results can be summarized as follows. The decrease of grains' sizes and the
dynamics of particles in the orbital plane are well described by taking into
account solar gravity and radiative forces together with the sublimation
process, being relatively insensitive to the electromagnetic force. The
silicate grains typically move inward in near-circular spirals until intensive
sublimation starts and they disappear at heliocentric distances from 2 to 3 R.
The carbon grains intensively sublimate near 4R. After several radial
oscillations, they are eventually ejected out as beta-meteoroids, when they
approach a critical radius of approximate to 2.4 mu m (for porous grains) or
approximate to 0.5 mu m (for solid spheres), which corresponds to the radiation
pressure to solar gravity ratio beta equal to unity. The orientation of the
orbital planes of the particles is dictated by the Lorentz force. Both porous
and compact carbon grains possess high beta ratios and must be larger than
respectively 2.4 and 0.5 mu m to reach the near-solar region. For these sizes,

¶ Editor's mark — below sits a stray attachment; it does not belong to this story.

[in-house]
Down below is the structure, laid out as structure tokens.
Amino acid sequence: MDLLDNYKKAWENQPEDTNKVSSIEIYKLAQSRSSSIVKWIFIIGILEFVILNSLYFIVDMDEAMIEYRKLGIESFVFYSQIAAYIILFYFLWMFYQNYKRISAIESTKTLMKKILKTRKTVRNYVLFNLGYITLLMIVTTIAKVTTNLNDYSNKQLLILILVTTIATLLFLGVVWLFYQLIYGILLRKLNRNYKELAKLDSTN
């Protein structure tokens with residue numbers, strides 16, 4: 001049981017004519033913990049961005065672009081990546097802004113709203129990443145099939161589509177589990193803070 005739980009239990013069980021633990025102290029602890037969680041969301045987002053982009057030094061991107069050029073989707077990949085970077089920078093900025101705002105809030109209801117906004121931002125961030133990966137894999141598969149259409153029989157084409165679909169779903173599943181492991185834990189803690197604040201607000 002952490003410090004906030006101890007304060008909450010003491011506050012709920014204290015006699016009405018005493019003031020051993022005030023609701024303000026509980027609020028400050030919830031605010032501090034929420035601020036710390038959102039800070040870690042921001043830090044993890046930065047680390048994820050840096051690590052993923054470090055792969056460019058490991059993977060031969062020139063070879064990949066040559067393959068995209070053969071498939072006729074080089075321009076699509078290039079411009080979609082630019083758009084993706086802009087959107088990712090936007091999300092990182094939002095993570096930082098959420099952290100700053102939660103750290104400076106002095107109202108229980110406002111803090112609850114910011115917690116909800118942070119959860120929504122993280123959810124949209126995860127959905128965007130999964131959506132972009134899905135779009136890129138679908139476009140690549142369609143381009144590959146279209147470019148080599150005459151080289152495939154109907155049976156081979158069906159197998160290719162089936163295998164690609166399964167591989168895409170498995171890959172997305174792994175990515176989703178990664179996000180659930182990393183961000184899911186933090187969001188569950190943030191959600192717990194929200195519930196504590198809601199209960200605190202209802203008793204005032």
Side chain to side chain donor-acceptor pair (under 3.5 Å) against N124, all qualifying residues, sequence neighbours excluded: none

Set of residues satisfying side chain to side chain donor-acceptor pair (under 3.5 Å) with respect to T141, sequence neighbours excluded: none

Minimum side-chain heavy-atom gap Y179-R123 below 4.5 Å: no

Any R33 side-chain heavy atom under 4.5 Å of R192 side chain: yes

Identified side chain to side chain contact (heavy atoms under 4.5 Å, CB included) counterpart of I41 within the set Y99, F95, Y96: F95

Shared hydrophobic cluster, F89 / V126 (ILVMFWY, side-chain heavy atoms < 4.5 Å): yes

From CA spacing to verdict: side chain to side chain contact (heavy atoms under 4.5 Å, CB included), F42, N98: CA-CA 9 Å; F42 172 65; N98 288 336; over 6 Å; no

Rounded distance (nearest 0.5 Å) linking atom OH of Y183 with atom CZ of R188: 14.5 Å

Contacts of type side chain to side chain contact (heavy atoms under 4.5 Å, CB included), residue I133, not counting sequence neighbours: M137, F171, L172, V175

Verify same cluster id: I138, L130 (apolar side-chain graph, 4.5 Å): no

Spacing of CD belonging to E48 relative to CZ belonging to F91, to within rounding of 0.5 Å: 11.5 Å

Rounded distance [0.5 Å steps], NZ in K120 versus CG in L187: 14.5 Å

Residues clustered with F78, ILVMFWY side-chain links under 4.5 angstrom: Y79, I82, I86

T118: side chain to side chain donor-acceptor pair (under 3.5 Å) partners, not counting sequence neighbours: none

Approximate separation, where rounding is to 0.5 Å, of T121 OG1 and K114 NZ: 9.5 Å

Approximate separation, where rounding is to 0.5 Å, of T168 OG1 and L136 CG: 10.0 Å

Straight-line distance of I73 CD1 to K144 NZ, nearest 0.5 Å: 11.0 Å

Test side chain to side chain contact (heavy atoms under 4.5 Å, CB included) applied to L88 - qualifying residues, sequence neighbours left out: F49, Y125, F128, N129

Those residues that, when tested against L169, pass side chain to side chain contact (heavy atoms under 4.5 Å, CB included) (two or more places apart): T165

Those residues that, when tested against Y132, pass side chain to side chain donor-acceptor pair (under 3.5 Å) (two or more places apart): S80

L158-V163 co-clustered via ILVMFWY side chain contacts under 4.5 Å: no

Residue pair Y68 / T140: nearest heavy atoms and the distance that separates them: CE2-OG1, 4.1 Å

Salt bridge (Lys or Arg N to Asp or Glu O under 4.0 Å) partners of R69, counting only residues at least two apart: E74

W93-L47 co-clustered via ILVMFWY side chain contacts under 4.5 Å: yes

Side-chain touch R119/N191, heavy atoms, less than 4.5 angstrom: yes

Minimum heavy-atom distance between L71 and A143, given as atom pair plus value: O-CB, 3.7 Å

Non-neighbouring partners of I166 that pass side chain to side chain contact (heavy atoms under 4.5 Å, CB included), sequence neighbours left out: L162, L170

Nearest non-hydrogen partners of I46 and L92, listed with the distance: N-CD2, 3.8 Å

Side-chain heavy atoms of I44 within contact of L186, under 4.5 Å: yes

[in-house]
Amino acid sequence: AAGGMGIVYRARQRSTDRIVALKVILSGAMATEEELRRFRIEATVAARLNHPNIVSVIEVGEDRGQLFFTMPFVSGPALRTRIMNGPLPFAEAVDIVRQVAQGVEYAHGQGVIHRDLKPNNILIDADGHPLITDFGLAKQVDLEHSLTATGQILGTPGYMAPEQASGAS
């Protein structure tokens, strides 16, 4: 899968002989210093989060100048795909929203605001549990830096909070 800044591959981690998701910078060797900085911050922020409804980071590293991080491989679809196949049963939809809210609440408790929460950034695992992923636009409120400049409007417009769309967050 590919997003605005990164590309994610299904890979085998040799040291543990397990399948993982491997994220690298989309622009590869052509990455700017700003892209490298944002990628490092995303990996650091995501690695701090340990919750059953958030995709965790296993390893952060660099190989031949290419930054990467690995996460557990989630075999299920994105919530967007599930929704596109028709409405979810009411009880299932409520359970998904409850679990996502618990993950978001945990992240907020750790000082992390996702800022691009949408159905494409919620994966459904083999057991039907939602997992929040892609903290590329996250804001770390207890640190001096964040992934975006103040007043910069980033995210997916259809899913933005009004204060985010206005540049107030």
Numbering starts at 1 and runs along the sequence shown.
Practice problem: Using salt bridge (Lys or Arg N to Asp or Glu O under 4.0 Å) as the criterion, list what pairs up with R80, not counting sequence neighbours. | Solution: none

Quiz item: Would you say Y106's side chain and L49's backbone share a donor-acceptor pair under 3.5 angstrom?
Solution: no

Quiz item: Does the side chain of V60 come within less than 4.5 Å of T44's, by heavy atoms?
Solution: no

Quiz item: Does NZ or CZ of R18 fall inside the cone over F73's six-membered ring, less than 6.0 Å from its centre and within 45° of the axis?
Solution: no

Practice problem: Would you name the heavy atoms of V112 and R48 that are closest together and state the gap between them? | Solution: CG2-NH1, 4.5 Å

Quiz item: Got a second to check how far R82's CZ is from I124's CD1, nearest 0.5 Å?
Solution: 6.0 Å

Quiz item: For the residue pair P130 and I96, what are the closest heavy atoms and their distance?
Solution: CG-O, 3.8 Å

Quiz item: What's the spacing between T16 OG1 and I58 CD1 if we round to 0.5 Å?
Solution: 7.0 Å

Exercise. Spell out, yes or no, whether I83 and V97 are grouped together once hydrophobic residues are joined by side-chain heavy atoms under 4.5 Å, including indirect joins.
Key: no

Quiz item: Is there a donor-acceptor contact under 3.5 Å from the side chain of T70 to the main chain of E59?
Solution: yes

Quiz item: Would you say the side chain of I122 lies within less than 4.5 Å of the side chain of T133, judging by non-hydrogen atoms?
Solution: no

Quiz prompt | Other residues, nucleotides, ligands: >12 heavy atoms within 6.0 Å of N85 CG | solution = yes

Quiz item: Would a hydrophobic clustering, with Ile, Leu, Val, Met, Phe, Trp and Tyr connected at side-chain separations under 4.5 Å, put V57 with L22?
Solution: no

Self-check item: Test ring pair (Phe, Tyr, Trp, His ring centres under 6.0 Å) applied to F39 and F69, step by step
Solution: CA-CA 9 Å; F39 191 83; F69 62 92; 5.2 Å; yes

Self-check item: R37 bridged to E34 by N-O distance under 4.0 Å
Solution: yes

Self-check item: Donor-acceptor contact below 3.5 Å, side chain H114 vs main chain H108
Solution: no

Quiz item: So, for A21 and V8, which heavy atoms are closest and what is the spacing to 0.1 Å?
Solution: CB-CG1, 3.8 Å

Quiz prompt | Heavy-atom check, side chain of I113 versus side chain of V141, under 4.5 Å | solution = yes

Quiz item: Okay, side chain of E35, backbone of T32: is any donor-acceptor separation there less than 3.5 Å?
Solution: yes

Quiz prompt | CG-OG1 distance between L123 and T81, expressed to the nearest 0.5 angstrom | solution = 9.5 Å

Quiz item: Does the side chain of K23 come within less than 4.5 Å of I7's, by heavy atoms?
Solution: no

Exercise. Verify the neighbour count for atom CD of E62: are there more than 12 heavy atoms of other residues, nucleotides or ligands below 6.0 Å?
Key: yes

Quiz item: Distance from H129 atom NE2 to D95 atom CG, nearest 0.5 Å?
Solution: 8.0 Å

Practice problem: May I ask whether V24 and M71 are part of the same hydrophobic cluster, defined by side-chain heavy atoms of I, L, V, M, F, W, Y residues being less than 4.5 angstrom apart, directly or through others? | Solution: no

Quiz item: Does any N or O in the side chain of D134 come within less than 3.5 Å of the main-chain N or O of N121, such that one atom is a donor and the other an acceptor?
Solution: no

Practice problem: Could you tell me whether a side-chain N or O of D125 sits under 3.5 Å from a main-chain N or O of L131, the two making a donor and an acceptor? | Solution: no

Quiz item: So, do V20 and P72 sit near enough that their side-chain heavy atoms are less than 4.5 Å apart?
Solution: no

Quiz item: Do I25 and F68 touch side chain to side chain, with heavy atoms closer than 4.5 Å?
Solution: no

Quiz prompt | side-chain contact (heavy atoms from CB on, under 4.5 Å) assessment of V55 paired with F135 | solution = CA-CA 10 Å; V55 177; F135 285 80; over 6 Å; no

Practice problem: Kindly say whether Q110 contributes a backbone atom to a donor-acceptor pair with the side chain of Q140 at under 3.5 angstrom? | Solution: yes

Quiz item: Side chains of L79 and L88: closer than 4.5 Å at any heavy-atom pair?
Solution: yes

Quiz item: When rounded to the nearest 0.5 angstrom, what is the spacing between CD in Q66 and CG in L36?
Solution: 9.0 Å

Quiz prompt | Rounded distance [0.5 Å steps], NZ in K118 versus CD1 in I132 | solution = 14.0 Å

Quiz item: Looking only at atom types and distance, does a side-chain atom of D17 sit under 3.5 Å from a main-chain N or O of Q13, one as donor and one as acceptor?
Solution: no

the Lorentz force is relatively weak, comes basically from the dipole zonal
component of the field, and leads to low-amplitude oscillations of orbital
inclinations and a precession of the lines of nodes. The same behavior is
predicted for silicate porous (compact) grains larger than 2 mu m (1 mu m)
and 1 mu m (0.5 mu m) for the periods of quiet and active Sun, respectively.
From these sizes to smaller ones, the Lorentz force effectively broadens the
initial distribution of inclinations of silicate grains.

Submicrometer-sized particles easily get in polar and retrograde orbits well 
before the evaporation. On the whole, we find that the dynamics of near-solar
grains depend radically on their sizes, chemical composition, and structure
and, in cases of relatively small dielectric grains, may be severely correlated
to the solar activity cycle. (C) 1998 Academic Press.

----------------------------------------
THE CAMBRIDGE-CONFERENCE NETWORK (CCNet)
----------------------------------------
The CCNet is a scholarly electronic network. To subscribe, please 
contact the moderator Benny J Peiser at <b.j.peiser@livjm.ac.uk>. 
Information circulated on this network is for scholarly and educational 
use only. The attached information may not be copied or reproduced for 
any other purposes without prior permission of the copyright holders. 
The electronic archive of the CCNet can be found at 
http://abob.libs.uga.edu/bobk/cccmenu.html

------- End of Forwarded Message